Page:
How You Hold Your Mouse Might Prevent Online Fraud
As fast as new security tools are implemented to combat online credit card fraud, criminals devise new ways to beat the system or find new weak spots in how online credit card processing works. Chosen Payments constantly monitors solutions that keep our merchants safe from experiencing a fraud loss.
Many of our clients such as home housewares, limo operators, uniform retailers and trade associations conduct the majority of their business through online transactions so improvements in fraud disruption are an important consideration.
If we go back in time to the early 90’s, we were pretty easily duped by phishing emails and Nigerian scam artists. We gave up our personal data pretty easily because eCommerce was new and we had no idea how it worked. This was like turning on a faucet of money for many fraudsters.
By 2007 banks had enough of taking on multiplying losses. The precursor to the chip technology credit card was “two-factor authorization”. The process worked but at the same time angered many credit card users by requiring a PIN and an on-screen challenge to receive a one-time use code that had to be entered in the webpage to complete a transaction. While it did decrease losses, it wasn’t without mass complaints and ultimately, fraudsters figured out how to defeat it by using malware that simply tracked the keystrokes of the user. Through malware and Trojan viruses, crooks could cause a page to pop-up that looked like an authentic bank page that requested all kinds of personal information to complete a “transaction” and voila, the fraudster was armed with everything they needed for a day of online shopping.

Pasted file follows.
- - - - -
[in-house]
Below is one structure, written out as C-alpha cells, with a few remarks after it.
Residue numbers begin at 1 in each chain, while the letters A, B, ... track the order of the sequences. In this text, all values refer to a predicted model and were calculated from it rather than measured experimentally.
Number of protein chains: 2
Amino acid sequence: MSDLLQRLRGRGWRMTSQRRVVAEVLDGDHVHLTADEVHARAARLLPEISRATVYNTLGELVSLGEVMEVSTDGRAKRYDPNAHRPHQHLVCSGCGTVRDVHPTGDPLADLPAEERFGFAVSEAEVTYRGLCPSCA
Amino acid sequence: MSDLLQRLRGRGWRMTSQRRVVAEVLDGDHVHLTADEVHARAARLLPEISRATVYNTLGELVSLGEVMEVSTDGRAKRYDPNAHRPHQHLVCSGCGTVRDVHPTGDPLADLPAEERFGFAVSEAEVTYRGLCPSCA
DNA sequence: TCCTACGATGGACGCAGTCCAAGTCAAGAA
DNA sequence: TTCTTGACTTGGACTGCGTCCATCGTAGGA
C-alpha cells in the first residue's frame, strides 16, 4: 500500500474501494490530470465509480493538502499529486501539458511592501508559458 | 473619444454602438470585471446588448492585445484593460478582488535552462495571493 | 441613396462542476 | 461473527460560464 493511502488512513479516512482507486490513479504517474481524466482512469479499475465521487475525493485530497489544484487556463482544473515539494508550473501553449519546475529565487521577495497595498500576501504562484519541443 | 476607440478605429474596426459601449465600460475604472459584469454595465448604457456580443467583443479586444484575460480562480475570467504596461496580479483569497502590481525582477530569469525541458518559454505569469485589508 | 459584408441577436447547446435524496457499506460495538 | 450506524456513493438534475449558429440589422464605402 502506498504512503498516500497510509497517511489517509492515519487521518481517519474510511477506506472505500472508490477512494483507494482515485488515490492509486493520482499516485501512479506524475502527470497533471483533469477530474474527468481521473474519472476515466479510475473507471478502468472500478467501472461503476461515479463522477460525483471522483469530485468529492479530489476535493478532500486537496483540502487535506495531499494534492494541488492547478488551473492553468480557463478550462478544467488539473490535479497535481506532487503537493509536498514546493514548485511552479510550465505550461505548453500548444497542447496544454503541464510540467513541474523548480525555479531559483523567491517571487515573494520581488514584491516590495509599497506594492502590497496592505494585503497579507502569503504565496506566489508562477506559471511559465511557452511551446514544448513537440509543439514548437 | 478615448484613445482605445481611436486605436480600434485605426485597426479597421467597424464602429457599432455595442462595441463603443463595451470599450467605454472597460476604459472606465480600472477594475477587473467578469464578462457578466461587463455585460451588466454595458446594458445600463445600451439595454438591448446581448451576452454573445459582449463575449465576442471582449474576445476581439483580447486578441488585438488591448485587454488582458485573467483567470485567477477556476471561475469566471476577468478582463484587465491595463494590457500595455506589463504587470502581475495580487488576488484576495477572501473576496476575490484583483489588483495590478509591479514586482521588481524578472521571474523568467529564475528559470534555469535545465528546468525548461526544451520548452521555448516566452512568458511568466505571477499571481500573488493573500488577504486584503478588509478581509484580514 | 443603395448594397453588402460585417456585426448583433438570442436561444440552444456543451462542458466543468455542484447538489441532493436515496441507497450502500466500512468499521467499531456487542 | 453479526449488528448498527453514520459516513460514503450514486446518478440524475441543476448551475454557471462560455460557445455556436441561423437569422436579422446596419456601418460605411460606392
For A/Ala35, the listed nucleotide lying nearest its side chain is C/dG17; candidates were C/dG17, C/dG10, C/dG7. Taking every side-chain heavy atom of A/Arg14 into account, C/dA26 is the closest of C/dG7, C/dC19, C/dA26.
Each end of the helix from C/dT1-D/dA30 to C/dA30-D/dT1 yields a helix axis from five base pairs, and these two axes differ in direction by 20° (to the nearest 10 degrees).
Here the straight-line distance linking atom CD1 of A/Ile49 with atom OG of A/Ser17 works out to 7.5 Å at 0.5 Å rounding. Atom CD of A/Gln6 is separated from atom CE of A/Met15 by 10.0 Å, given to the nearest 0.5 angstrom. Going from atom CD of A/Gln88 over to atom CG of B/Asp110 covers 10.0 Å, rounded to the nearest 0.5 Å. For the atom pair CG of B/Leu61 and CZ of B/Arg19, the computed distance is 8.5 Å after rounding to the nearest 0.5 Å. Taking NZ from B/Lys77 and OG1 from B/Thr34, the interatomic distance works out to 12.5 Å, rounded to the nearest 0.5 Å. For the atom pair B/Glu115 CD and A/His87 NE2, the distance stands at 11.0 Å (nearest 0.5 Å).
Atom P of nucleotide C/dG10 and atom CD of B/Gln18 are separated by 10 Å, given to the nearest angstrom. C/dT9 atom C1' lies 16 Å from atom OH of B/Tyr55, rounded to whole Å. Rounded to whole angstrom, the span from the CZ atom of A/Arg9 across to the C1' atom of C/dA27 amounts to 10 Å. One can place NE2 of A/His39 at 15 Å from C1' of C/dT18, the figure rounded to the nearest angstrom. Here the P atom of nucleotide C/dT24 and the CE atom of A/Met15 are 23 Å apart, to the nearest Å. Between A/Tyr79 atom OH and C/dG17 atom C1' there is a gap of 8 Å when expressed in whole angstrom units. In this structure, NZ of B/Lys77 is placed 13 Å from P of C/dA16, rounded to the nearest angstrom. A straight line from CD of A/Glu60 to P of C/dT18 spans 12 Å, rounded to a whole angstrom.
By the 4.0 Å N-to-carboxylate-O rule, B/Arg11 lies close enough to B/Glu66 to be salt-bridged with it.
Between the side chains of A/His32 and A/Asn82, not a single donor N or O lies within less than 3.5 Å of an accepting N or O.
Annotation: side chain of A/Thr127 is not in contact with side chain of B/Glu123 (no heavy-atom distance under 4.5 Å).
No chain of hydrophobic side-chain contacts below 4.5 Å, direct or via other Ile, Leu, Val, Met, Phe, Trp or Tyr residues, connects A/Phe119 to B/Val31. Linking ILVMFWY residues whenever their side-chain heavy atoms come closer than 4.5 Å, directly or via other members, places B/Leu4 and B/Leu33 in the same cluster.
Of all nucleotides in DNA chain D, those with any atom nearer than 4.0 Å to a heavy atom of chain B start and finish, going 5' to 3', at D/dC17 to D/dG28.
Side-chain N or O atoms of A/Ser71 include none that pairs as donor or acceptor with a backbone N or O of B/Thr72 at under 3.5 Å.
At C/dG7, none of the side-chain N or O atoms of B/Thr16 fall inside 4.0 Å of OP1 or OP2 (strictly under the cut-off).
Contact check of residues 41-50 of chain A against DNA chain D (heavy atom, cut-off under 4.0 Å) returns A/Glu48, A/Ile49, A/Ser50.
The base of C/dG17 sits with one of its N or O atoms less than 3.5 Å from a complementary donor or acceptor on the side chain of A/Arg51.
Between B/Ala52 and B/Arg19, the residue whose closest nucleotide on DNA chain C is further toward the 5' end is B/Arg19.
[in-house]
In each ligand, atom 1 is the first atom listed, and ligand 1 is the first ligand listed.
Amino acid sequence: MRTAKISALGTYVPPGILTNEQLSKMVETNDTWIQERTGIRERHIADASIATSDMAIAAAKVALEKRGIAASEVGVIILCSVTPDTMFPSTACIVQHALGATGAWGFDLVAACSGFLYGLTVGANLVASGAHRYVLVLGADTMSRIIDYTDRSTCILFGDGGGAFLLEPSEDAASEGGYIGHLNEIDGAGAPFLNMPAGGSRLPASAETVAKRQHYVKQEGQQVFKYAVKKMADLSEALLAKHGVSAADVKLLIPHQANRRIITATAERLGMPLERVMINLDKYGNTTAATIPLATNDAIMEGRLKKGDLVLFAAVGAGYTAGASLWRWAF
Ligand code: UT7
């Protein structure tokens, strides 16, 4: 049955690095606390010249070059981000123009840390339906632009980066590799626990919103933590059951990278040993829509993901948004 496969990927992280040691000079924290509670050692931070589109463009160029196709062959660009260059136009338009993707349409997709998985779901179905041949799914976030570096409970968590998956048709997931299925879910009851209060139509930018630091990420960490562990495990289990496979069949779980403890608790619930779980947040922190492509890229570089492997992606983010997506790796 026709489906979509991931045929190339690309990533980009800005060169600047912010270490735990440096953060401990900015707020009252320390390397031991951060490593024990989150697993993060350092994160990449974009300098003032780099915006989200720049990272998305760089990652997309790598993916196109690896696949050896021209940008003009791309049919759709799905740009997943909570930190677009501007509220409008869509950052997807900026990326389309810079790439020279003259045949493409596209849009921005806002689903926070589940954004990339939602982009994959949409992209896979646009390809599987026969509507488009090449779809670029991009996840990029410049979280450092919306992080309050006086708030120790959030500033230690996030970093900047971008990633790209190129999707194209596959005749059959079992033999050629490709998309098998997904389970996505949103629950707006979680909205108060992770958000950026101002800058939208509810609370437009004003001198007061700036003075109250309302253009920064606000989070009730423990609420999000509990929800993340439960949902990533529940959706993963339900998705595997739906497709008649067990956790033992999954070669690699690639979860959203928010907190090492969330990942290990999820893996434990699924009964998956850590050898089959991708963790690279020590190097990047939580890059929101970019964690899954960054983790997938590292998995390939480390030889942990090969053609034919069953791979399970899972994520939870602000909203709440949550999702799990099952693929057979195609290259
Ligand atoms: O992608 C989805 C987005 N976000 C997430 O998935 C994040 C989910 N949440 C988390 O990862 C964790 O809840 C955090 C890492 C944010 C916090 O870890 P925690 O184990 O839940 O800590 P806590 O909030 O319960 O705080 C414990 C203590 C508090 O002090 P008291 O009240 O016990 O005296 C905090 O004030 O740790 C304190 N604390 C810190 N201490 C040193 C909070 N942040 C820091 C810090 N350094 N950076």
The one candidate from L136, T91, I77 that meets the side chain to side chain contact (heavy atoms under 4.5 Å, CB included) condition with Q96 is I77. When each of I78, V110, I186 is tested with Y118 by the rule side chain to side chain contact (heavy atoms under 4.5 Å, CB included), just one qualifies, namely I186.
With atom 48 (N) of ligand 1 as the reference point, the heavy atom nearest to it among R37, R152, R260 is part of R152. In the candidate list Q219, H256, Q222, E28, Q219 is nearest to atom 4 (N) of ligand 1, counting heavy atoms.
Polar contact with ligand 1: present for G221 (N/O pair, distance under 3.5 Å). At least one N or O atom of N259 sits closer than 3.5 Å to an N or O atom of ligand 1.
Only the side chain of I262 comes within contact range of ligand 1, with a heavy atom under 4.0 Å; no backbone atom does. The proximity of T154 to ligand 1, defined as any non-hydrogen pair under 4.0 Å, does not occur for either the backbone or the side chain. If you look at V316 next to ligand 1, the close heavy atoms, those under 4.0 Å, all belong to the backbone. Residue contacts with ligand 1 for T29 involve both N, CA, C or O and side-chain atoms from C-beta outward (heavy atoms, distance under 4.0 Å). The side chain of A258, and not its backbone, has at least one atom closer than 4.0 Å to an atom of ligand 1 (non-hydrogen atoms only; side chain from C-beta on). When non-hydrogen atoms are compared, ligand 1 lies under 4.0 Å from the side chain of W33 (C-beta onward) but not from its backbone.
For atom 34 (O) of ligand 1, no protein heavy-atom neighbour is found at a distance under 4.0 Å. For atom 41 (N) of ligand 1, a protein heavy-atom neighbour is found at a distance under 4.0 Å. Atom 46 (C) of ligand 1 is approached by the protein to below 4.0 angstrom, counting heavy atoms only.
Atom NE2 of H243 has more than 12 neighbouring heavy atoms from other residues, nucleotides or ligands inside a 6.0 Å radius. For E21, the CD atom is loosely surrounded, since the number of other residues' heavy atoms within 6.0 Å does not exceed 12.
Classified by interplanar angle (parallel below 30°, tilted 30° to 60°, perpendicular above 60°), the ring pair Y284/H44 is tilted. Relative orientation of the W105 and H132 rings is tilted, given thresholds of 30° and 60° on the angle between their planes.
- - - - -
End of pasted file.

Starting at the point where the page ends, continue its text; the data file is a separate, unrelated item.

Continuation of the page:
A new technology is currently being rolled out by a company called BioCatch. BioCatch uses behavioral biometrics to catch fraudsters. You are probably saying, “behavioral what”? Behavioral biometrics analyzes more than 500 parameters such as your mouse and keyboard use when placing online orders. Are you a “delete” kind of person or a “backspace” kind of person. There are those who tab the cursor to the last letter of a misspelled word and use the delete key while others highlight the misspelled word and hit the delete key. These little habits can be analyzed and when someone attempts to use your information to make a fraudulent transaction, it initiates a fraud warning for further action.
When you move around a form, are you a “tab” person or a “click the field” kind of person. This is just another example of personal traits we all use when conducting online commerce. There are many more traits such as using a scroll bar or using your mouse wheel to scroll down. There are many patterns we all use that create a unique “electronic fingerprint” that can let our banks know that someone else is making this purchase.
By using these behavioral patterns, banks can contact the cardholder to verify they are online and attempting to make a purchase and conduct further validation steps to avoid fraud being committed against the cardholder, the merchant and the bank.
Using behavioral biometrics, banks are able to see a customer’s behavior is uncharacteristic from all previous transactions. This even includes “mouse doodling” with the cursor between transactions.